Say I wanted to re-write the constitution of the United States. Not amend it, but completely start over. Could I do that within the law?

You've done it before, when the Articles of Confederation were replaced. Maybe I want to tidy away all the amended parts that no longer apply. Or maybe I have some nefarious motive. (Evil laugh.)

Would I need to pass The Last Amendment that states my new constitution is the constitution and I'd only need to persuade 38 states to agree?

Or, is there only scope for a series of amendments that can never change what came before, only effectively nullify it?


1 Answer 1


Article Five outlines the process for the legal amending of the Constitution by both Congress (to the tune of 27 times) and the Constitutional Convention (to the tune of never... save for the original Constitution Drafting). Article Seven stipulates how the proposed constitution would become The Constitution.

At present, an amendment must pass both Houses of Congress with 2/3rds of the vote. It is then voted upon by the states until such time as 3/4ths of the states agree to the proposed amendment, at which time, it becomes a part of the constitution and enforceable as such. It has been common to put a time limit on amendments so that the 3/4ths of the state must make the change relatively soon. There is no hard rule for this, as the most recent amendment was passed by the States after Congress passed it with the original Bill of Rights.

The Constitutional Convention has never been tried and is therefor a bit of legal danger as there is no provision that supports the limited scope of a convention nor opposes it (One could call a Convention to pass a balanced budget amendment and emerge with a Constitution that makes North Korea look like a Democratic paradise by comparison, if not limited in scope.).

In addition, Article Seven is the article which describes the manner by which the Constitution would become The Constitution and what it needed to do to get there (get passed by 9 of the 13 states, at which time, the 9 undersigned states would be under the rule of the U.S. Constitution, while the remaining four would be left to their own device until they signed.).

An Amendment to the Constitution, is essentially a rewrite and there are several Amendments that overturn language in the Constitution (the 14th Amendment overturned the 3/5ths compromise in Article One, section 2, which at this time, only applied to penal servitude as slavery was outlawed in the 13th amendment). The 17th Amendment superseded Article 1, section 3 (originally states' legislatures appointed the Senators). The 18th Amendment was fully repealed by the 21st Amendment. When this happens, most copies of the constitution used for study will show this by having a line struck through the original text and further annotate what amendment affected this section to be struck out. It is essentially no different than you writing something down in ink, then scratching it out and writing a new item (this isn't done on original constitutions written by the framers... those are historical artifacts.).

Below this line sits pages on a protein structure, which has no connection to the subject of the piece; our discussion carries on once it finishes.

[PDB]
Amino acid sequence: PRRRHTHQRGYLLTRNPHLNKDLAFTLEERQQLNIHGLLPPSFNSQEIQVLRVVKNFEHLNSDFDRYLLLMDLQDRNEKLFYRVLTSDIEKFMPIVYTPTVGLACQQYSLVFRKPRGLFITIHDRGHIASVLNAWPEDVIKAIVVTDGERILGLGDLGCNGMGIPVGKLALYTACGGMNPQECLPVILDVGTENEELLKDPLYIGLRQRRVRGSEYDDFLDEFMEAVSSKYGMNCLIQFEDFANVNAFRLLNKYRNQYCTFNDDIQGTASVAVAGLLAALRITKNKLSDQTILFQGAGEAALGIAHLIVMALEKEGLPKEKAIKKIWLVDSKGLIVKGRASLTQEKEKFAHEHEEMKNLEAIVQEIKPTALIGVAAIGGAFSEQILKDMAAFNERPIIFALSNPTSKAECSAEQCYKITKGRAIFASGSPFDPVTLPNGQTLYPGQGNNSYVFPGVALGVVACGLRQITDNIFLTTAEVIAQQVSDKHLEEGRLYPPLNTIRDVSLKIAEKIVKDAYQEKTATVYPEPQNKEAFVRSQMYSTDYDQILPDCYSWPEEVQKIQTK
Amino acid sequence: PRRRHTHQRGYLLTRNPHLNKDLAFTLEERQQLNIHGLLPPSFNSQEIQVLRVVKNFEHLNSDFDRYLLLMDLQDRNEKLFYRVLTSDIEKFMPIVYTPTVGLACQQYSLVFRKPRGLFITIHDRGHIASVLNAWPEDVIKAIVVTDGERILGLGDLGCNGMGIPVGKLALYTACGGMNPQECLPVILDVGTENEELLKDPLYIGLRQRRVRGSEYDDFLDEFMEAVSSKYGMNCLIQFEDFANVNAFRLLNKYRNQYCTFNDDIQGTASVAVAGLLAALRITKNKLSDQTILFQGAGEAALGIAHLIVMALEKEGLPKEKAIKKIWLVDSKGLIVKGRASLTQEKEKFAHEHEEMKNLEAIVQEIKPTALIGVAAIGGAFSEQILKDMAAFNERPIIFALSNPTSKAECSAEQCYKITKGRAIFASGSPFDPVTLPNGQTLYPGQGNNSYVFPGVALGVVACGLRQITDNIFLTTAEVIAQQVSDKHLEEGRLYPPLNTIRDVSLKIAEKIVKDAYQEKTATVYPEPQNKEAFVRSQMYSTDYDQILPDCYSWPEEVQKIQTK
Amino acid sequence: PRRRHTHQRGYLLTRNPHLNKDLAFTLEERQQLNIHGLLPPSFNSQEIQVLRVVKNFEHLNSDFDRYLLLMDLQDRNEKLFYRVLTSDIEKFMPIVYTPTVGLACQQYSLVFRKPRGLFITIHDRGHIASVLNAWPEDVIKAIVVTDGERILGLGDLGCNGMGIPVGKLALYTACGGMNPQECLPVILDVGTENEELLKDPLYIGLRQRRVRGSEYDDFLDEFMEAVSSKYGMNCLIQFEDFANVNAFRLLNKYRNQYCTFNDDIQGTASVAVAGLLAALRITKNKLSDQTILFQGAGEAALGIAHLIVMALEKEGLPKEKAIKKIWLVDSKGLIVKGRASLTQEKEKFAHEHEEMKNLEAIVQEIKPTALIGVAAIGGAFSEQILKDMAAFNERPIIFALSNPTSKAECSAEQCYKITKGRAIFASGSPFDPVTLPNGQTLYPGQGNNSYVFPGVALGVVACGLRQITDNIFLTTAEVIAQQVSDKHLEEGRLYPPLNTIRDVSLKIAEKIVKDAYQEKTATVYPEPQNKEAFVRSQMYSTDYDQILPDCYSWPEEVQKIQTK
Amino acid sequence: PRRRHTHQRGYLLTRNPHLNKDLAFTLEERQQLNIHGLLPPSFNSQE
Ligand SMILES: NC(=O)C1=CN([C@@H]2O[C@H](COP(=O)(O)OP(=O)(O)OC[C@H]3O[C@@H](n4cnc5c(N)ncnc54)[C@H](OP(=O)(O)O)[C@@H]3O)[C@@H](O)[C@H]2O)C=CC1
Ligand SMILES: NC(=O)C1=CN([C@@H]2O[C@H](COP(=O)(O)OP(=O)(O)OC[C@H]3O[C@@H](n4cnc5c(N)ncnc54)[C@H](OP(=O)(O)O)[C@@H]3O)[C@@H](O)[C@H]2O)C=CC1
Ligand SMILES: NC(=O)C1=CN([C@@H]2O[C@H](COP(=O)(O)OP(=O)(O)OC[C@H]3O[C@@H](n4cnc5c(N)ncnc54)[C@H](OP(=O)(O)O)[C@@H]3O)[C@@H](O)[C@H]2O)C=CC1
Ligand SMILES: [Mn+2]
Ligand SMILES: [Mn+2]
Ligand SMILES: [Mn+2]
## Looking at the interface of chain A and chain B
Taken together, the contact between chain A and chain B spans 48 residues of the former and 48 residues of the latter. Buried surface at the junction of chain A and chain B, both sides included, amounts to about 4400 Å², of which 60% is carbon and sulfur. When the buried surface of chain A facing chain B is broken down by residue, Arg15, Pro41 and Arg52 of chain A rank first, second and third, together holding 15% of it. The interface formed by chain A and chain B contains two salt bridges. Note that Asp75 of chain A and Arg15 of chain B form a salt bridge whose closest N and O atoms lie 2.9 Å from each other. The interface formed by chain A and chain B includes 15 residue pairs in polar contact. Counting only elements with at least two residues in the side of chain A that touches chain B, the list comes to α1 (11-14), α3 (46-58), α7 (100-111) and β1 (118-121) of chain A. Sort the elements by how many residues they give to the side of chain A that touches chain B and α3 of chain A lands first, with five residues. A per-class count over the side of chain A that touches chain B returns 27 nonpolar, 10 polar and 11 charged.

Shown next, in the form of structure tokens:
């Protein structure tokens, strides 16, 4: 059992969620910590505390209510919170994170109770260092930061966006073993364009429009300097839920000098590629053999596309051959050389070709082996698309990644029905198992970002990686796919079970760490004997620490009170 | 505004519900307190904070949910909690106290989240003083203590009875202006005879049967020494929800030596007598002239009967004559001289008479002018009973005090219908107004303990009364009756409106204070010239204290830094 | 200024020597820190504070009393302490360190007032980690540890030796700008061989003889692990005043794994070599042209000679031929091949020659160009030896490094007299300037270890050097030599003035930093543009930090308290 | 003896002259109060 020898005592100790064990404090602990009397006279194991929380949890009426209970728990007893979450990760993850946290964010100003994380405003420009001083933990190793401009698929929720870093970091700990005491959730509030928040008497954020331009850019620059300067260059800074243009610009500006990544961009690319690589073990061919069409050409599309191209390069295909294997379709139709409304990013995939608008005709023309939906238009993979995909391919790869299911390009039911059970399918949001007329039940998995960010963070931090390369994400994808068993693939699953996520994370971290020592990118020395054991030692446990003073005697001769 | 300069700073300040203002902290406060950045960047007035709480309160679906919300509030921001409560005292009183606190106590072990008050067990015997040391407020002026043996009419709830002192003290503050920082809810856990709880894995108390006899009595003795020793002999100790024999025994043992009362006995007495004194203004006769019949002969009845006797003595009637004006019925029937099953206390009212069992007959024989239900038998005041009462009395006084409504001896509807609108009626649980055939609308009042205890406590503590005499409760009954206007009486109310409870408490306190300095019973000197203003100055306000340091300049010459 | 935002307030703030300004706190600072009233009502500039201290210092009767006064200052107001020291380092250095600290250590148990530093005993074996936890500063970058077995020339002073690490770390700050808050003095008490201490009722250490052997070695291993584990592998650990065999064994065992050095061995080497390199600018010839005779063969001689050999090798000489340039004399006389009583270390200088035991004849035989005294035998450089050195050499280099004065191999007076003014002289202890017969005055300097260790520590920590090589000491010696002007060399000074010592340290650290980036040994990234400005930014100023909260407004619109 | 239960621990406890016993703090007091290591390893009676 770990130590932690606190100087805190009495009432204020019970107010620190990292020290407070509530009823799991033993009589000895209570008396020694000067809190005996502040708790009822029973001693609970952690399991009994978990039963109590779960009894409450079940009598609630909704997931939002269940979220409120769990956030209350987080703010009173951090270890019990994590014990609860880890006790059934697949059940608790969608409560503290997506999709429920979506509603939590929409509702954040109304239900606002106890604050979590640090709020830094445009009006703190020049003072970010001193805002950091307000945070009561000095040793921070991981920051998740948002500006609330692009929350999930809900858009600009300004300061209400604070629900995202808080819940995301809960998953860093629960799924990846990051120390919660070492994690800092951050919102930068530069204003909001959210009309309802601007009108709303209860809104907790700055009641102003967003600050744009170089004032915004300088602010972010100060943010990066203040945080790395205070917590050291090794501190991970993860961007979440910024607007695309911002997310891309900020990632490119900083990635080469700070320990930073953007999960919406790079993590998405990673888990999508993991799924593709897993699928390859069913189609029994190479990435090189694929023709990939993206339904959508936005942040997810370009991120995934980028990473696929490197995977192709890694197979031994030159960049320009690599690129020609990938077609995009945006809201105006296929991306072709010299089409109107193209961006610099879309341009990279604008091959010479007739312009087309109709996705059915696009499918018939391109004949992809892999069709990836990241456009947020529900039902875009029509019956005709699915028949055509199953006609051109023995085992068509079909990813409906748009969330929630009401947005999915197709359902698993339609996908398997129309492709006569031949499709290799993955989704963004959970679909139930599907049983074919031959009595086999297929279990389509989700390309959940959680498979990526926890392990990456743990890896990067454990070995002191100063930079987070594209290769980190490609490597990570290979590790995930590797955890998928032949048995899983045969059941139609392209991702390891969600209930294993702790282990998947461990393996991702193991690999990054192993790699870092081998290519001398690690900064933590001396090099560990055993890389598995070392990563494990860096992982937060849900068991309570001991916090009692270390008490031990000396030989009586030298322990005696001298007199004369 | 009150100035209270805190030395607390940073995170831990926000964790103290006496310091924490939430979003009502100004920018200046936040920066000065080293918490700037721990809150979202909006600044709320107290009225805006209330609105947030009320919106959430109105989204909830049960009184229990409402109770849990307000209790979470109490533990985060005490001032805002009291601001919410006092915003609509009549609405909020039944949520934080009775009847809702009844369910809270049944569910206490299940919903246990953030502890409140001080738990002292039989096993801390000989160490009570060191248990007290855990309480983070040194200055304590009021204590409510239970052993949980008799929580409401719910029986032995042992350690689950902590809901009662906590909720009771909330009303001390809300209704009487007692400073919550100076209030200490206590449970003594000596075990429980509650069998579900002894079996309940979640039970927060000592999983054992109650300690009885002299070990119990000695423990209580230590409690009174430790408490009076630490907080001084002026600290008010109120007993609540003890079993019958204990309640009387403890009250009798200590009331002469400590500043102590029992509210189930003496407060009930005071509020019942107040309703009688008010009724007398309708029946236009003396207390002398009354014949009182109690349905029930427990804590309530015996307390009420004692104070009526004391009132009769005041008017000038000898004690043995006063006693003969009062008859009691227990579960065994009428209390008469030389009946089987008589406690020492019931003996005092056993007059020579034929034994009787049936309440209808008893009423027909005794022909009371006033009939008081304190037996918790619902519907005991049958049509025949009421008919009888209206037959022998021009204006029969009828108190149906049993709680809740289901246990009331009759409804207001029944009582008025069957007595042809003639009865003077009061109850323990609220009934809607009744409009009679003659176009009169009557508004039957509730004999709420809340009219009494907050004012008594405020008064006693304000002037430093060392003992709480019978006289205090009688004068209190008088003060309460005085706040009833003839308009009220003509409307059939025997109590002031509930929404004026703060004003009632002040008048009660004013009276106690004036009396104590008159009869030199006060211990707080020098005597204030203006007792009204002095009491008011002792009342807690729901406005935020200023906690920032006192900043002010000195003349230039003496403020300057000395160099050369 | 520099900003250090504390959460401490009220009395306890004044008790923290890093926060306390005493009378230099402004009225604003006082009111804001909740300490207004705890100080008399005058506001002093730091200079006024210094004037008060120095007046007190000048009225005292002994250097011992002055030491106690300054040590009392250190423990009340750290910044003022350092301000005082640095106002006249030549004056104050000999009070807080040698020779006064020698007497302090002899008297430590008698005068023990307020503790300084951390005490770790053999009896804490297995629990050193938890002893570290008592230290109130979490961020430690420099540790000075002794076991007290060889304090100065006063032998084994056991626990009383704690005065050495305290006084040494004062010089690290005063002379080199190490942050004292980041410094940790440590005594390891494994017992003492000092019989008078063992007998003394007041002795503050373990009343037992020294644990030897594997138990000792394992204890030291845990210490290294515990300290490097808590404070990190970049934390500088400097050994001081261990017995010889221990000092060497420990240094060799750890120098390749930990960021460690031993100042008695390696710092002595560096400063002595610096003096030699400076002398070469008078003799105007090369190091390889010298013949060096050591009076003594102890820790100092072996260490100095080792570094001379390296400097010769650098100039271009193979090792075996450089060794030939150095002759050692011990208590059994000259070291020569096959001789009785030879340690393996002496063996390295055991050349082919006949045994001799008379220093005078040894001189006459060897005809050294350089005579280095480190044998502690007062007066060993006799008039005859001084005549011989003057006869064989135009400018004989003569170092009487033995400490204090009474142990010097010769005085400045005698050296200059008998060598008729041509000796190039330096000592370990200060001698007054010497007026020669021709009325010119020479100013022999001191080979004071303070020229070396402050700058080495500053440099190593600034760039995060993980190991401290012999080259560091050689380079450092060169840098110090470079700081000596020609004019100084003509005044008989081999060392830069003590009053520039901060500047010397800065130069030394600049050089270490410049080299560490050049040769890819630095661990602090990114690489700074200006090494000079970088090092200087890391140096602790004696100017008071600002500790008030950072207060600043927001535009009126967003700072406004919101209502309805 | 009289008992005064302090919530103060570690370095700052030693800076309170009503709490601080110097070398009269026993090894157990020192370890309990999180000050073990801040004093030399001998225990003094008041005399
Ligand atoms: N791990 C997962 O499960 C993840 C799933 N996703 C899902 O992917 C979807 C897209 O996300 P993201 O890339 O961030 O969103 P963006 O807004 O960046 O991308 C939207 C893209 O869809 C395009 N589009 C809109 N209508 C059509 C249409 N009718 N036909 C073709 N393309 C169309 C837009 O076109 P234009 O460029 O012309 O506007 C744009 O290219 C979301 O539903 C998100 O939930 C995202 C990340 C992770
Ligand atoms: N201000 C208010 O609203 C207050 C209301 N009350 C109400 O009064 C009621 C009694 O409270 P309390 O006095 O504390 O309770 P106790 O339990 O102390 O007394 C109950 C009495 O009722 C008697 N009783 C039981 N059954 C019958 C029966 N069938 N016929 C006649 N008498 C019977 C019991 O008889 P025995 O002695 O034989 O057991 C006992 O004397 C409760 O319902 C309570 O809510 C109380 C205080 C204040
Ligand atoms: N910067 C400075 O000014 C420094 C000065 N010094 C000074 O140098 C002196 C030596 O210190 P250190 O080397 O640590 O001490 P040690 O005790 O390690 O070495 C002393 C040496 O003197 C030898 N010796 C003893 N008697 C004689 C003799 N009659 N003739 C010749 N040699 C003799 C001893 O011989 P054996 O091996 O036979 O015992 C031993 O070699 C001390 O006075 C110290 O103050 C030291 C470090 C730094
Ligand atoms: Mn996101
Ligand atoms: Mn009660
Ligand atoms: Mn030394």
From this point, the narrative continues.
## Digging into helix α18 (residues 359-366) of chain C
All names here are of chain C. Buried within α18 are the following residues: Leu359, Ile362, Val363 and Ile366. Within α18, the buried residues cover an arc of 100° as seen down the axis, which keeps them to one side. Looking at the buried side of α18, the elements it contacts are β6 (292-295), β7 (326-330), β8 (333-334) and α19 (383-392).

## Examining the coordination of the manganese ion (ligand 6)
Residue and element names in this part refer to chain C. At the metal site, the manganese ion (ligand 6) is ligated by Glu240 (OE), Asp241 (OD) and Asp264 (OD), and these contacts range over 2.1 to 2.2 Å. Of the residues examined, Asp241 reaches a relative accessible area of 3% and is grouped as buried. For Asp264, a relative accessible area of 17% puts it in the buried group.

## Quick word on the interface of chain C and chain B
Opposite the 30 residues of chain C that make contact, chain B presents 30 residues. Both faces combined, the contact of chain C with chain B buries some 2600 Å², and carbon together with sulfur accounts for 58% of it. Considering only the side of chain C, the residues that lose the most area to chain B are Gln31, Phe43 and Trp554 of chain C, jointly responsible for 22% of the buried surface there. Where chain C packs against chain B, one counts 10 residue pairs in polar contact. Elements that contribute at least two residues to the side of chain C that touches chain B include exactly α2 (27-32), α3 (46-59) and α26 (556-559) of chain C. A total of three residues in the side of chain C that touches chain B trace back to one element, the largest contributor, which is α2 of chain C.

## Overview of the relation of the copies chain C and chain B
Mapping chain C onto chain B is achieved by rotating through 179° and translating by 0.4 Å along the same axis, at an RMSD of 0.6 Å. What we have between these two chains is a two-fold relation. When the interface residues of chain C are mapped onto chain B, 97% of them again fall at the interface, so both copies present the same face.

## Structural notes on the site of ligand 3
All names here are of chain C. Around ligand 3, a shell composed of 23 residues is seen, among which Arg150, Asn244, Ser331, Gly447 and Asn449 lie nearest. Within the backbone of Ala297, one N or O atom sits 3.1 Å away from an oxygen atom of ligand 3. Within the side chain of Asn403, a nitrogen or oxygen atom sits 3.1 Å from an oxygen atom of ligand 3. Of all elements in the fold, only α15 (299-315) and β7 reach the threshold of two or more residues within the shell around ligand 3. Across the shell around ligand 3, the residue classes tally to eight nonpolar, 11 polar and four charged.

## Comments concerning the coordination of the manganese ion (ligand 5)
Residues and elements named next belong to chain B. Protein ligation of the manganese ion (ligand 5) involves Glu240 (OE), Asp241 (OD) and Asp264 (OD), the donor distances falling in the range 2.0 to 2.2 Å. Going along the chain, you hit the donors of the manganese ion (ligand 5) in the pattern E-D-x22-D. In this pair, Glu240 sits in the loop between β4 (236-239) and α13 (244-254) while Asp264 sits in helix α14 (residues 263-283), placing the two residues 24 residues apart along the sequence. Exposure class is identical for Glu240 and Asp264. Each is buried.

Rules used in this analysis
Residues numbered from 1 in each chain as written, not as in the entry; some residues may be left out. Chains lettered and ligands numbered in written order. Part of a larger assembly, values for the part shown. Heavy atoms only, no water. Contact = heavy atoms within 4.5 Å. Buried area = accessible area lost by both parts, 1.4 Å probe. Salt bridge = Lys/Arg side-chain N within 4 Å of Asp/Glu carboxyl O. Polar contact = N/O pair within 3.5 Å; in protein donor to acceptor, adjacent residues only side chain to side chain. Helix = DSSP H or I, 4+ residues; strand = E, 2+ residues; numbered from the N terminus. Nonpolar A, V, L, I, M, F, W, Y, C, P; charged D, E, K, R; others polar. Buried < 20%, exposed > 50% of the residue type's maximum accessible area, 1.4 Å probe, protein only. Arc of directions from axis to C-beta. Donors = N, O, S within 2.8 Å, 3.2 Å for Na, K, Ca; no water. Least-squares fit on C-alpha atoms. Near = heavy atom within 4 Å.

Of course, there is nothing that allows the citizens of the United States to Rebel and form a new system of government that outright replaces the constitution. More importantly, to the framer's mind I suspect, there is nothing that says you Cannot Rebel and start your own new government (with Black-Jack and Hookers!) (Also, if you've read your Federalist Papers, they are much more candid that the Second Amendment was put there so the people had a way to rebel if it became necessary... one Federalist Paper openly states there should be no problem with a private citizen owning ships that were armed with cannons that could compete with contemporary naval vessels. Consider that the Founding Fathers were rebels). But by including the Amendment Process, they would hope to protect their rebellion from the next by allowing for ways to change the problems they did not think of in a less bloody method than their own rebellion.

  • 1
    What about the restriction on amendments depriving the states of their equal suffrage in the Senate?
    – phoog
    Commented Feb 7, 2018 at 21:08
  • 1
    @phoog Agreed. Any state deprived of its equal sufferage in the Senate by the amendment must consent to the amendment. Now, theoretically, one might be able to greatly reduce the power of the Senate to make the fact that it is retained with equal sufferage a trivial detail. But, that limitation does apply.
    – ohwilleke
    Commented Feb 7, 2018 at 22:20
  • It's worth pointing out that the convention route can propose whatever hellish dystopian anti-constitution it wants. it's meaningless unless ratified by 3/4 of the states. And Congress has all the powers of a standing convention of unlimited scope anyway. So treating a convention as some new and dangerous and foreign thing is unjustified. Commented Feb 8, 2018 at 3:25
  • @StephenCollings: Personally, I would like to see one happen with limited scope, but I do understand the fear that others may have with regards to the fact that it has never been done before and no one really knows what to do once one is called.
    – hszmv
    Commented Feb 8, 2018 at 16:56
  • @phoog: Could you clarify what you're asking about? I'm not sure what you're looking at in my answer when you asked your question.
    – hszmv
    Commented Feb 8, 2018 at 16:57

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